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#44
In an alternate history, Otellini might have been right.

Intel’s Disruption is Now Complete

Here’s what Otellini decided to do, when presented with the option to power the iPhone:

"We ended up not winning it or passing on it, depending on how you want to view it. And the world would have been a lot different if we'd done it," Otellini told me in a two-hour conversation during his last month at Intel. "The thing you have to remember is that this was before the iPhone was introduced and no one knew what the iPhone would do... At the end of the day, there was a chip that they were interested in that they wanted to pay a certain price for and not a nickel more and that price was below our forecasted cost. I couldn't see it. It wasn't one of these things you can make up on volume. And in hindsight, the forecasted cost was wrong and the volume was 100x what anyone thought.”

https://jamesallworth.medium.com/intels-...fa771f0f2c
Reply
#45
To fend off Motorola chip that powered Apple, IBM RISC processors, newcomer Cyrix and perennial enemy AMD, Intel relied heavily on Moore’s law ie brawns rather than efficiency. But as the node size approached the size of an atom it is becoming more more difficult and moving towards material science, which TSMC seems to be doing better. Single core performance improvement has actually slowed significantly while multi-core (again adding more transistors) and threading has taken over.

The flip side to focusing brawns vs efficiency is that energy consumption takes a hit. So intel chips was not suited for mobile which is why laptops have power saving functions to step down the chip. And totally unsuitable for phones, which was what they were trying to do with Atom chip. Xscale was promising but they decided not to disrupt themselves just as the major car makers are initially resistant to EV. But progress of cars is pedestrian vs semiconductors which gave major car makers time to adjust; but not so for semicons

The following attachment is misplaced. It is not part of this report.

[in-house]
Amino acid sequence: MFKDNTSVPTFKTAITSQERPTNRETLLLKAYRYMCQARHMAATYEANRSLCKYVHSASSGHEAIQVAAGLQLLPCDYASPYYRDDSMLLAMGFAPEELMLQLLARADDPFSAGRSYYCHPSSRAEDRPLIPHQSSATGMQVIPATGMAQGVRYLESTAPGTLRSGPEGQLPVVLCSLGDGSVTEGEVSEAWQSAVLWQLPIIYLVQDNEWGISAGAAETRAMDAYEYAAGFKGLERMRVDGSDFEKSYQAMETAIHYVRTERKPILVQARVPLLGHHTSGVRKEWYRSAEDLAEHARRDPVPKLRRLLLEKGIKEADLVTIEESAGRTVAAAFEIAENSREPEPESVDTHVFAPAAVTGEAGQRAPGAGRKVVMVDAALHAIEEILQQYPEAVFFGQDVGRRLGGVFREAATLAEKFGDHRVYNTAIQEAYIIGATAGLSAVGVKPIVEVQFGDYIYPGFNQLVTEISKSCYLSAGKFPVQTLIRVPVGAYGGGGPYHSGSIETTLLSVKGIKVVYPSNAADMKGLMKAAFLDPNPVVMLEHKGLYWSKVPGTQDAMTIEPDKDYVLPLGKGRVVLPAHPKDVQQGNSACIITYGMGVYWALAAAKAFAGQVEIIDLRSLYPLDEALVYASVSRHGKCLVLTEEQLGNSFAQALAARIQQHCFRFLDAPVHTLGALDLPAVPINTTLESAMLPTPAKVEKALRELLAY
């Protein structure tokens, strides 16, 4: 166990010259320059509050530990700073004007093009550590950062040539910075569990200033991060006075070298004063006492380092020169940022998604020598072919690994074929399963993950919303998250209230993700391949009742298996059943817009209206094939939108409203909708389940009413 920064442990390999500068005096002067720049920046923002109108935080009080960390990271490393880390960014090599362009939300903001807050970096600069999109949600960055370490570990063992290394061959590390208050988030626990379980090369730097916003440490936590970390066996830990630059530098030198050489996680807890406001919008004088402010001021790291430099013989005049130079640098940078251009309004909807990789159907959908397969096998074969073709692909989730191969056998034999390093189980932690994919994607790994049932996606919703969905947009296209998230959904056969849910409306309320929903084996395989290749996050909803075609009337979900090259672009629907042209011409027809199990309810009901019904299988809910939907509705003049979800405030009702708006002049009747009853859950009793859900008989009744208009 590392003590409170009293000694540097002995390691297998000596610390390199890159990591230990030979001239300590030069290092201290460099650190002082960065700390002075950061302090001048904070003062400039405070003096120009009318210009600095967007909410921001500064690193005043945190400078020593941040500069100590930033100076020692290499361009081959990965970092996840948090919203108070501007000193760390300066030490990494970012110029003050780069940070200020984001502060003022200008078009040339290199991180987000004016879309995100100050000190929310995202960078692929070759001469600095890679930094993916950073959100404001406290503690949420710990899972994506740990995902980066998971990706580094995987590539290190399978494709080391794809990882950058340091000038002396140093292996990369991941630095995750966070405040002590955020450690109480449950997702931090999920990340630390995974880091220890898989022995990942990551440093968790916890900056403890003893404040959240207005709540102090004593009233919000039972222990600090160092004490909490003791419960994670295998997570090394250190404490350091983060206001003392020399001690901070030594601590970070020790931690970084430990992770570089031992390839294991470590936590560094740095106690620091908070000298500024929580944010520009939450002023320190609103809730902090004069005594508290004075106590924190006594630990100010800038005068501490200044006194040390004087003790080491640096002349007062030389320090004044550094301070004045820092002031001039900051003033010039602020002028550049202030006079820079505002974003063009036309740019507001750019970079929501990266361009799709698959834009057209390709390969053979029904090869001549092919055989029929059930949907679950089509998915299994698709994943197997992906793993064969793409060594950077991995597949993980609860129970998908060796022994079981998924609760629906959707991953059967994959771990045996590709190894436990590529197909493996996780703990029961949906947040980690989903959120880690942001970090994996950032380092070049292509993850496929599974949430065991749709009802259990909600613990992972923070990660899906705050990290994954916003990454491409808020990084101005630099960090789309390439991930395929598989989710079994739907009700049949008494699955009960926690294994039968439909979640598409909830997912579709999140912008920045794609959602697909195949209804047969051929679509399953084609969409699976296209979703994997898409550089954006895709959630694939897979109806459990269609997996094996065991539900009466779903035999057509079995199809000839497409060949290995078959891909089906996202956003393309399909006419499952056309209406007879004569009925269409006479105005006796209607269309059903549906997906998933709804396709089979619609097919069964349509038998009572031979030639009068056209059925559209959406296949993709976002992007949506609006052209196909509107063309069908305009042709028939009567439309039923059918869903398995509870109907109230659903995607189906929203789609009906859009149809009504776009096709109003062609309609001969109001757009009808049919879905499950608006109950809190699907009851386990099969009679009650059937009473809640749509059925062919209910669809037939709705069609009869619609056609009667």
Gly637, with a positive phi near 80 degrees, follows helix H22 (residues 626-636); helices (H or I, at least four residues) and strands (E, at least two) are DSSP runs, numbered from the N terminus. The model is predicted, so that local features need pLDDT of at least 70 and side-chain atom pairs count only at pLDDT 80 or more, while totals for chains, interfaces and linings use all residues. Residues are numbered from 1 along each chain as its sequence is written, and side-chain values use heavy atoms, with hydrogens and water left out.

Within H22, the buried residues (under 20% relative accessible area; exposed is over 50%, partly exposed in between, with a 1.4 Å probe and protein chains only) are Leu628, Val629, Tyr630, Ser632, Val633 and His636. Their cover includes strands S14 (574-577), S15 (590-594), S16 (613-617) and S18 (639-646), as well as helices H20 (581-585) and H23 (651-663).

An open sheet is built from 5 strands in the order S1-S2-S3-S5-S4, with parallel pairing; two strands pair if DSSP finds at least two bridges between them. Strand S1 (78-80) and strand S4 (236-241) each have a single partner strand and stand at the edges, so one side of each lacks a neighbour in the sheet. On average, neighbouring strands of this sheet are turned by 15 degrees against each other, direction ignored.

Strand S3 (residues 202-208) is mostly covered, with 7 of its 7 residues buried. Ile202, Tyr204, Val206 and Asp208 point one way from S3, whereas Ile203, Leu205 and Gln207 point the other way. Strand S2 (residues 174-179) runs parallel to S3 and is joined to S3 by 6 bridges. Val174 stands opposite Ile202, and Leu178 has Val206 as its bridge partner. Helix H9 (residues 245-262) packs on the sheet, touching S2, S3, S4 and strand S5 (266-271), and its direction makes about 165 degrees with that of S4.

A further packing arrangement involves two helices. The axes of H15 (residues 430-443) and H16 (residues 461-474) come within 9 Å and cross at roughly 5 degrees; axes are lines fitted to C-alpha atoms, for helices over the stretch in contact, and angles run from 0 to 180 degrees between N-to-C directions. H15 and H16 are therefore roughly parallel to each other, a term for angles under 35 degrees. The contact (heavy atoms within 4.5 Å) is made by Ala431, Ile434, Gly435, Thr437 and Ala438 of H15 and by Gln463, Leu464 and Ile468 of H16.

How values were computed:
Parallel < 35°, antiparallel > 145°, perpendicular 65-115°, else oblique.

I’m not sure if intel culture can change easily looking at their progress on SoC vs say the M1 chip
Before you speak, listen. Before you write, think. Before you spend, earn. Before you invest, investigate. Before you criticize, wait. Before you pray, forgive. Before you quit, try. Before you retire, save. Before you die, give. –William A. Ward

Think Asset-Business-Structure (ABS)
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#45
To fend off Motorola chip that powered Apple, IBM RISC processors, newcomer Cyrix and perennial enemy AMD, Intel relied heavily on Moore’s law ie brawns rather than efficiency. But as the node size approached the size of an atom it is becoming more more difficult and moving towards material science, which TSMC seems to be doing better. Single core performance improvement has actually slowed significantly while multi-core (again adding more transistors) and threading has taken over.

The flip side to focusing brawns vs efficiency is that energy consumption takes a hit. So intel chips was not suited for mobile which is why laptops have power saving functions to step down the chip. And totally unsuitable for phones, which was what they were trying to do with Atom chip. Xscale was promising but they decided not to disrupt themselves just as the major car makers are initially resistant to EV. But progress of cars is pedestrian vs semiconductors which gave major car makers time to adjust; but not so for semicons

I’m not sure if intel culture can change easily looking at their progress on SoC vs say the M1 chip
Before you speak, listen. Before you write, think. Before you spend, earn. Before you invest, investigate. Before you criticize, wait. Before you pray, forgive. Before you quit, try. Before you retire, save. Before you die, give. –William A. Ward

Think Asset-Business-Structure (ABS)
Reply